### 2.2. Hyperspectral and panchromatic images representation

*λ*

_{1}and

*λ*

_{2}can be written as

*L*(

*λ*) is the spectral radiance at the sensor's entrance pupil,

*g*

_{ i }(

*λ*) is the spectral response function of the sensor between wavelength

*λ*

_{1}and

*λ*

_{2}.

*K*

_{ i }is the constant related to sensor such as electronic gain, the detector saturation electrons, the quantization levels, the area of the entrance aperture, and so on. ${B}_{\left({\lambda}_{1}~{\lambda}_{2}\right)}$ is the noise caused by dark signal. For same scene imaged by different sensors,

*L*(

*λ*) is same. Figure 1 shows the principle of hyperspectral and panchromatic imaging processes.

Although image contents can vary a lot from image-to-image, it has been found that the micro-structures of images can be represented by a small number of structural primitives (e.g., edges, line segments, and other elementary features) [7]. Here, we can assume that spatial micro-structures information in hyperspectral bands can be derived from a series of panchromatic images. Based on this assumption, we can use the panchromatic images to enhance the spatial resolution of hyperspectral images.

## 3. Hyperspectral imagery super-resolution (HISR) with sparsity based regularization

*X*from its degraded measurement

*Y*. The hyperspectral imagery acquisition process can be modeled as:

*W*represents the down-sampling operator and

*H*represents a blurring filter, and

*υ*is the additive noise [2]. In this article, we just consider the spatial down-sampling and blurring operator. We can get the estimation of high-quality imagery $\widehat{X}$ through resolving the inverse of (3):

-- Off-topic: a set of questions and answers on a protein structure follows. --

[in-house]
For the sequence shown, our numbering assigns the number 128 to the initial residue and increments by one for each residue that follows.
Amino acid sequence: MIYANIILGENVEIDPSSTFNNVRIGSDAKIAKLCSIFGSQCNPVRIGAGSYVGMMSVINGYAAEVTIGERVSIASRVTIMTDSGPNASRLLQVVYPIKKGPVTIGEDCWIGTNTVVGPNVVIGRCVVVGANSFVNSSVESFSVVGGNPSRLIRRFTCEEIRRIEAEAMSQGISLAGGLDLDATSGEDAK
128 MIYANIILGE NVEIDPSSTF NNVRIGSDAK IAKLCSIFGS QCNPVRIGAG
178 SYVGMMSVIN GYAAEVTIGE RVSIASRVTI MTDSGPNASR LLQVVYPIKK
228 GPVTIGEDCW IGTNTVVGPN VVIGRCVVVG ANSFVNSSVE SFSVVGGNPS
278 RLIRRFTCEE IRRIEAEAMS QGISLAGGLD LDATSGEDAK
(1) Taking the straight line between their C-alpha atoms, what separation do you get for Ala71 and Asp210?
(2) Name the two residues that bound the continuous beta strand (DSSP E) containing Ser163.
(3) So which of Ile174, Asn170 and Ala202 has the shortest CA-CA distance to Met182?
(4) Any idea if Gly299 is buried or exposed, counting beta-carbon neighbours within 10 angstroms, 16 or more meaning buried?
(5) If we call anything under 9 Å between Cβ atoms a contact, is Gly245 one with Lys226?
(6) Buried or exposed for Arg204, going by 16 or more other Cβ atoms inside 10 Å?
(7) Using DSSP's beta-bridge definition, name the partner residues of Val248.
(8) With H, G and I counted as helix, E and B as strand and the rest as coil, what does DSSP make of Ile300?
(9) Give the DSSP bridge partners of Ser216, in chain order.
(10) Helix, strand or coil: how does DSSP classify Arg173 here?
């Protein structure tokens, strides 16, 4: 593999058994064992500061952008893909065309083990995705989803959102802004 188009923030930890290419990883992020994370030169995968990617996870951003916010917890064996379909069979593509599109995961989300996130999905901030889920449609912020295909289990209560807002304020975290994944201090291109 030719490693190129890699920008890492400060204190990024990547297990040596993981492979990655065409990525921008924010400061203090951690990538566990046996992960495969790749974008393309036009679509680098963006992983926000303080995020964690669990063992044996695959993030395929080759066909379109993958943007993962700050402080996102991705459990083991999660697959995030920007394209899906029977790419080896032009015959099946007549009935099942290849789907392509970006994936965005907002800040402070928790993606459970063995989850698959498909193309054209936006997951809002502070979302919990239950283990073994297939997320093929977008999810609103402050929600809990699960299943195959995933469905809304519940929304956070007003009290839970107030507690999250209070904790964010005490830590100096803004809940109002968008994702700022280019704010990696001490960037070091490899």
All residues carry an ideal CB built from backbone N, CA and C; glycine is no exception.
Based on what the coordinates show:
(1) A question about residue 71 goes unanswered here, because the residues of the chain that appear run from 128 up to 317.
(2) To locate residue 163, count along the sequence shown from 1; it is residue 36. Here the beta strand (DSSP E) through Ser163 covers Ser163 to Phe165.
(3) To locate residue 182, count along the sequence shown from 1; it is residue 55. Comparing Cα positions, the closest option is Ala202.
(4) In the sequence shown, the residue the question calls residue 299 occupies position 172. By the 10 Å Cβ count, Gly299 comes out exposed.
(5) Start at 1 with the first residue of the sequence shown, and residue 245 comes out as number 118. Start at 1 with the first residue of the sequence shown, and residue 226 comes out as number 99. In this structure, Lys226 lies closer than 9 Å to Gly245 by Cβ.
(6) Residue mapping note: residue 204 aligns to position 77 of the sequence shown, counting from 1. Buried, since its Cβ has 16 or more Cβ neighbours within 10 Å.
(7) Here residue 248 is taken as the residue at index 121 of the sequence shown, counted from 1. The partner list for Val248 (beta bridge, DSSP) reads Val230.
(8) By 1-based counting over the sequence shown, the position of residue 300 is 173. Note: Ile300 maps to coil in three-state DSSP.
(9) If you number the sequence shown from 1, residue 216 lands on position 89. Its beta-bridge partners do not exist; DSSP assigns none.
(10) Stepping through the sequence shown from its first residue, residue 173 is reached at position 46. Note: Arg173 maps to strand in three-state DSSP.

where ||·||_{
F
} is the F norm. The estimation of $\widehat{X}$ by formula (4) is a ill-posed inverse problem, since for a given low-resolution input *Y*, infinitely many high-resolution images *X* satisfy the reconstruction constraint. To find a better solution, prior knowledge of hyperspectral imagery can be used to regularize the HISR problem. We regularize the problem via the following prior on small patch *x* of *X*.

### 3.1. Spatial sparsity regularization

**Φ**= [

*ϕ*

_{1,}...,

*ϕ*

_{ m }]∈

*R*

^{ n×m }trained from high-resolution images to model the structure from panchromatic images. Based on this dictionary

**Φ**, the hyperspectral imagery acquisition process can be modeled as

**Λ**= [

**α**

_{1};...;

**α**

_{ m }] is the

*m*×

*N*matrix where most of the elements in

**α**

_{i}(

*i*= 1, 2,...,

*m*) are close to zero.

**Λ**= [

**α**

_{1},

**α**

_{2},...,

**α**

_{ N }] where

*N*is the number of band. That is for

*n*th band, we have

### 3.2. Spectral regularization

*N*endmember material signals. We will arrange the signals

*m*

_{ i }as the columns of the endmember matrix

*M*.

*α*

_{ i }is the abundance of endmember

*m*

_{ i }, and it satisfies the two constraints: non-negative and normality. We will write the abundance values

*α*

_{1},...,

*α*

_{ N }as a column vector

*a*. For mathematical simplicity, it is common to assume a linear mixing model:

*f*is the given spectral signal,

*n*is the noise. The most straightforward approach for solving the linear problem (8) is by constrained least squares minimization

*γ*is a constant balancing the contribution of the spectral regularization term. For a small patch, we write the third term $\sum _{{x}_{i}\in x}\parallel {x}_{i,n}-Ma{\parallel}_{2}^{2}$ as $\parallel \left(I-B\right)\varphi {\mathbf{\alpha}}_{n}{\parallel}_{2}^{2}$, where

*I*is the identity matrix and

This is a reweighted *l*_{1}-minimization problem, which can effectively be solved by the iterative shrinkage algorithm [21].